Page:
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Chapter 5: The Charity

The SKIMMA spent the next year traveling in different boxes, moving between a variety of large and small vehicles; vehicles that took it across air, water and land. It was touched, squeezed, flung, thrown, poked and prodded by an army of hands, a few of which were gentle and kind, with the majority being cold, distant and impatient. Finally, it arrived at its destination, a freshly setup tent in an ever expanding slum that stood at the outskirts of a recently formed mining town.

UNA’s SKIMMA stayed taped up in its box for days, never seeing the light of day. At some point, a nurse tore open the box, and emptied its contents into a large pile on a long rectangular table. And there the SKIMMA remained, waiting patiently to be picked up and played with, just like the other objects that littered the table.


A week passed, and a vaccination drive began. A number of kids of different shapes and sizes were lured into the tent to get injected, bribed with exchanging a series of vaccinations for any one item of their choosing from the contents of the rectangular table. None of the doctors or nurses delivering the vaccinations spent too much time contemplating why a bribe should even be necessary, or how it came to be that the vaccinations protecting those who received them from a variety of dangerous and often deadly diseases was, for some reason, not tempting enough, or even what should be done to make wanting to get vaccinated without bribes the norm.


On the third day of the vaccinations, a tiny, scrawny male OSZA was ushered into the vaccination tent. He looked at its insides nervously, as the nurse who had brought him in gently pushed him closer to the doctor that awaited him. The child had red eyes, and hands whose wrists and forearms had turned blue, for reasons that both the doctor and nurse abhorred, but dared not talk about.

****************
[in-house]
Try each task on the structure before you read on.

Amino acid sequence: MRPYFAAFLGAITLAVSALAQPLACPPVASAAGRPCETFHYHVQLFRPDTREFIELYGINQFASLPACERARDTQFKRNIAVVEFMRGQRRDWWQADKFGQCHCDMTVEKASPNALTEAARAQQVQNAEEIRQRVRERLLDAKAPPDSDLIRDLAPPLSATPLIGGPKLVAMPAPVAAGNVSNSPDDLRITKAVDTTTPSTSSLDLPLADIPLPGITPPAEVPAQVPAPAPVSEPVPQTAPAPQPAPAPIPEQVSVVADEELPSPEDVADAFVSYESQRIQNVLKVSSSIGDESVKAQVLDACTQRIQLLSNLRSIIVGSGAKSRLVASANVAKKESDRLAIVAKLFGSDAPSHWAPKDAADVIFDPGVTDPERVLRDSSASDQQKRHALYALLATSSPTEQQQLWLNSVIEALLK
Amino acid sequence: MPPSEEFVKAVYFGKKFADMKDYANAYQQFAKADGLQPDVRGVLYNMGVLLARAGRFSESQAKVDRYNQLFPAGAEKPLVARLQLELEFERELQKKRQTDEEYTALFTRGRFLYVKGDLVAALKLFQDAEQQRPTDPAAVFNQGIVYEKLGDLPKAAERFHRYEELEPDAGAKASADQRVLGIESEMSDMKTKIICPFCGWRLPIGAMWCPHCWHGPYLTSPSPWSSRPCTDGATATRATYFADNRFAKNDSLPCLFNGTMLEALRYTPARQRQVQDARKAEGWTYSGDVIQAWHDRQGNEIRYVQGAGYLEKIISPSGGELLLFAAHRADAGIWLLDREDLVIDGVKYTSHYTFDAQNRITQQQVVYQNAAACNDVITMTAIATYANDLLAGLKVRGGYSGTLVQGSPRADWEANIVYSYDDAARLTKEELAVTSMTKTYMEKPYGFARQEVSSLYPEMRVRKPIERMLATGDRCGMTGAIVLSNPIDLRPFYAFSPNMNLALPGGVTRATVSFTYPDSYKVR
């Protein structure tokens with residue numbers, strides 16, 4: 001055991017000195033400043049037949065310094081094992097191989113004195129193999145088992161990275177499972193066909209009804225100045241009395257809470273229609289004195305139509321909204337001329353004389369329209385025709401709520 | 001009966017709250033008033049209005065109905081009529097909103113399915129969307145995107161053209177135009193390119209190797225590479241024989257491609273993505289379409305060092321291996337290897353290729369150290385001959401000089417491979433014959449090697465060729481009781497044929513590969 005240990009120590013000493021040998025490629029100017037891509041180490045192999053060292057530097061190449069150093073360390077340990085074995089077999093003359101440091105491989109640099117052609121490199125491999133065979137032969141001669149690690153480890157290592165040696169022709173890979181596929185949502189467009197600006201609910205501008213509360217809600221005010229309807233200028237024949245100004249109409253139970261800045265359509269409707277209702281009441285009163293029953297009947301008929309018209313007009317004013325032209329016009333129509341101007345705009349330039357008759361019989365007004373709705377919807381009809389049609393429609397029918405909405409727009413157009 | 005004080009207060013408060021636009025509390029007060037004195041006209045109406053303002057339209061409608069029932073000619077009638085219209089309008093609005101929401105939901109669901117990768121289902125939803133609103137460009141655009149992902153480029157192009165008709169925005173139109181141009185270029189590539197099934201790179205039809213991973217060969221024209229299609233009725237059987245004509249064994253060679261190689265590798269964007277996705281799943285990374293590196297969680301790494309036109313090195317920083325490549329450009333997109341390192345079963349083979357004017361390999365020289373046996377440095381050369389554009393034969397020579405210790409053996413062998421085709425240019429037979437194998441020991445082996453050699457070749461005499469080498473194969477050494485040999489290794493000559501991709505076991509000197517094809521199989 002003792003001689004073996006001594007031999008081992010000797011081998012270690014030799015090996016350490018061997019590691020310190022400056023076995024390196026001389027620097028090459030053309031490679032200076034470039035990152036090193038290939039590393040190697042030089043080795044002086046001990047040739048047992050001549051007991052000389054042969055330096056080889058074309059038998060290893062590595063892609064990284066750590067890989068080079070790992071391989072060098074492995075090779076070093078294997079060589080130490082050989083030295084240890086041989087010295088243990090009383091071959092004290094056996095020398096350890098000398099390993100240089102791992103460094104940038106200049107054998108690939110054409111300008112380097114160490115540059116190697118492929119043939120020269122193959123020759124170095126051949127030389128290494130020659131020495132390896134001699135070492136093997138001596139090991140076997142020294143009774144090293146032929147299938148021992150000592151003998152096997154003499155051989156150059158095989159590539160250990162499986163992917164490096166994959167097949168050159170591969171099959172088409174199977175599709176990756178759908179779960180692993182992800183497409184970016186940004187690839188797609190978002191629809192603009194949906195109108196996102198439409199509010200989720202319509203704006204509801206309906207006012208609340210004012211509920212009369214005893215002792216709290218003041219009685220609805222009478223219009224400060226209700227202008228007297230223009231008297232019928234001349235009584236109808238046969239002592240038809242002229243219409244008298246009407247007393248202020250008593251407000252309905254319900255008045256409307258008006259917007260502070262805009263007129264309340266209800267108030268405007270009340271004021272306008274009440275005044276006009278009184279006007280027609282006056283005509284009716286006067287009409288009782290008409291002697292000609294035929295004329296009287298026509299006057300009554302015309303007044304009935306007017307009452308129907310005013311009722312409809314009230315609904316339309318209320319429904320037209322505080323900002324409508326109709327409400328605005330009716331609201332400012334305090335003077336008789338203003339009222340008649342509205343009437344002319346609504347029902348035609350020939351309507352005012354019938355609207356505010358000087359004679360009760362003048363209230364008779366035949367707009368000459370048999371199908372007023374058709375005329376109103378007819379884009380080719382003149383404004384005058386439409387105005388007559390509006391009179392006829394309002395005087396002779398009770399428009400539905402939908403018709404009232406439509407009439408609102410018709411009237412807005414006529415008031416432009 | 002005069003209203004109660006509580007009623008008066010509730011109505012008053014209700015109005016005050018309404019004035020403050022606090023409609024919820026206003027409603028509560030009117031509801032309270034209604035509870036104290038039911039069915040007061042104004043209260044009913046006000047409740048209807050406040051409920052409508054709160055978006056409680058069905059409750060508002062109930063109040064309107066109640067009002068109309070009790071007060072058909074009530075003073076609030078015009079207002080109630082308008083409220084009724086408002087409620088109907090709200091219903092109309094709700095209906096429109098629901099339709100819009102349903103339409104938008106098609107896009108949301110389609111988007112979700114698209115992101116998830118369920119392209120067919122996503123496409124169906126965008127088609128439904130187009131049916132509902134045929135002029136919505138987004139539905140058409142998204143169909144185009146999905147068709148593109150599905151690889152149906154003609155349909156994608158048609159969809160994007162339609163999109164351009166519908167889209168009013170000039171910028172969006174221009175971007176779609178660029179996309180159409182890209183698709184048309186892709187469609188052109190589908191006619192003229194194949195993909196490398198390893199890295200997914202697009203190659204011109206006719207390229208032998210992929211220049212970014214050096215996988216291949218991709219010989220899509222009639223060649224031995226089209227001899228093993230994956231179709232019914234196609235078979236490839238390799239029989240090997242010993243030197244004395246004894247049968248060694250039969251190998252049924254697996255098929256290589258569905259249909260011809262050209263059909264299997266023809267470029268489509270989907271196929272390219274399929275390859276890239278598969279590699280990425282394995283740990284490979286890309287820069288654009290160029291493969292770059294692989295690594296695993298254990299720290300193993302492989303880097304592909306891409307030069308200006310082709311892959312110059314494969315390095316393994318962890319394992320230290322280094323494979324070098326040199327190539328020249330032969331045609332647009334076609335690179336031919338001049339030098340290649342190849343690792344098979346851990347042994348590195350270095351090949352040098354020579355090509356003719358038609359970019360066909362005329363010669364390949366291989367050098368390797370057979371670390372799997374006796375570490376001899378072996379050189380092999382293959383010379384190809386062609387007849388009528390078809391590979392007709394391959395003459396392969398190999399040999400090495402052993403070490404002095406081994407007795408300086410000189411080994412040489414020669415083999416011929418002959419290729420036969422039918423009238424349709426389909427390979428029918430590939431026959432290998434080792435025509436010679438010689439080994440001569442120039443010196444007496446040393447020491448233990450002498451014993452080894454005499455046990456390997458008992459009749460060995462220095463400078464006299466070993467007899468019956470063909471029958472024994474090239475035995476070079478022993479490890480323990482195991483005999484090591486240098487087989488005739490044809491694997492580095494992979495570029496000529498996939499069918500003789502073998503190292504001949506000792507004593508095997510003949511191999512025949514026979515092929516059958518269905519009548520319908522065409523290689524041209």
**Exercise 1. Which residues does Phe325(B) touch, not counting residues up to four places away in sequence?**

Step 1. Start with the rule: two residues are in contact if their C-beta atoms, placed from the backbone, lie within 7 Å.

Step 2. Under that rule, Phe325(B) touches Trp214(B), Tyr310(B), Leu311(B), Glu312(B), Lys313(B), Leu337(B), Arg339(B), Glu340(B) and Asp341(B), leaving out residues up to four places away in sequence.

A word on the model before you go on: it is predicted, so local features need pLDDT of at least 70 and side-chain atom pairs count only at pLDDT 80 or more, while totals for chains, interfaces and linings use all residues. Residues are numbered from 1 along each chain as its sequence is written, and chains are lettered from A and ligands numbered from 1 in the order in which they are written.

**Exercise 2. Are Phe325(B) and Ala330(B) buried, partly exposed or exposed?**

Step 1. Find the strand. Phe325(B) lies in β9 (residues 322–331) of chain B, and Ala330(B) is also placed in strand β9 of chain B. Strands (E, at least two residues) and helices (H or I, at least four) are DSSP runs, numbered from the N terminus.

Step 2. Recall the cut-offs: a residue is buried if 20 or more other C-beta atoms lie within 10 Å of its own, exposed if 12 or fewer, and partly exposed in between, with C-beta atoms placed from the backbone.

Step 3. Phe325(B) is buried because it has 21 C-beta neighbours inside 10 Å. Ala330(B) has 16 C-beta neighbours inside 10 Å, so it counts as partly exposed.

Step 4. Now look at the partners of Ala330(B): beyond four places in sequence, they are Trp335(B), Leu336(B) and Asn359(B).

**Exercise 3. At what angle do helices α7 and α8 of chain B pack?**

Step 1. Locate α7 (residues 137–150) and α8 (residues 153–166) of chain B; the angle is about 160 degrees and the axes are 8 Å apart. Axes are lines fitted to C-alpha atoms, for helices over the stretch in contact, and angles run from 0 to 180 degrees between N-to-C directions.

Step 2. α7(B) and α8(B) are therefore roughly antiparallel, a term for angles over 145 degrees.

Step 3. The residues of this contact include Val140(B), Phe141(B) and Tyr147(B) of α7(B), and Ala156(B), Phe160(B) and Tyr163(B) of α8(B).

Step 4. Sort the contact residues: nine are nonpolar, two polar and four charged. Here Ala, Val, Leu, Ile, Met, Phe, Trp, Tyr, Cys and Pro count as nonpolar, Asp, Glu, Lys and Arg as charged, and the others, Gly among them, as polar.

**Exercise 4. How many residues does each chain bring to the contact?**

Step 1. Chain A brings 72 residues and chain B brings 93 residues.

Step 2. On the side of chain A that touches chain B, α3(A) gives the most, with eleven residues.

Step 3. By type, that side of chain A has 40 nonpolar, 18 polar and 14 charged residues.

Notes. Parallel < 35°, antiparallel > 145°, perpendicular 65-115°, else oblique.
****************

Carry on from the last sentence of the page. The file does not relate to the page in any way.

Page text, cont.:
The child had to be coaxed and calmed more than every other that had visited the tent, but eventually the doctor and the nurse successfully gave him all the required vaccinations. They even got him to tell them his name. OMLI.

The nervousness disappeared from the little OSZA once he realized that the last vaccination had been administered. He instantly perked up, and ran to the large rectangular table and grabbed a single object, UNA’s SKIMMA, without hesitation. He looked at the doctor and the nurse, both of whom gave him a smile and a nod, signaling their consent with his choice. The child returned their smiles with a much larger one, put the SKIMMA on his gray shoulders and skipped out of the tent happily, his exit completely contrasting his entrance.

The doctor and the nurse watched OMLI’s exit and smiled. Such small victories and moments validated their various sacrifices and trials. It made their work, devoid of monetary compensation or gratitude, worth it.

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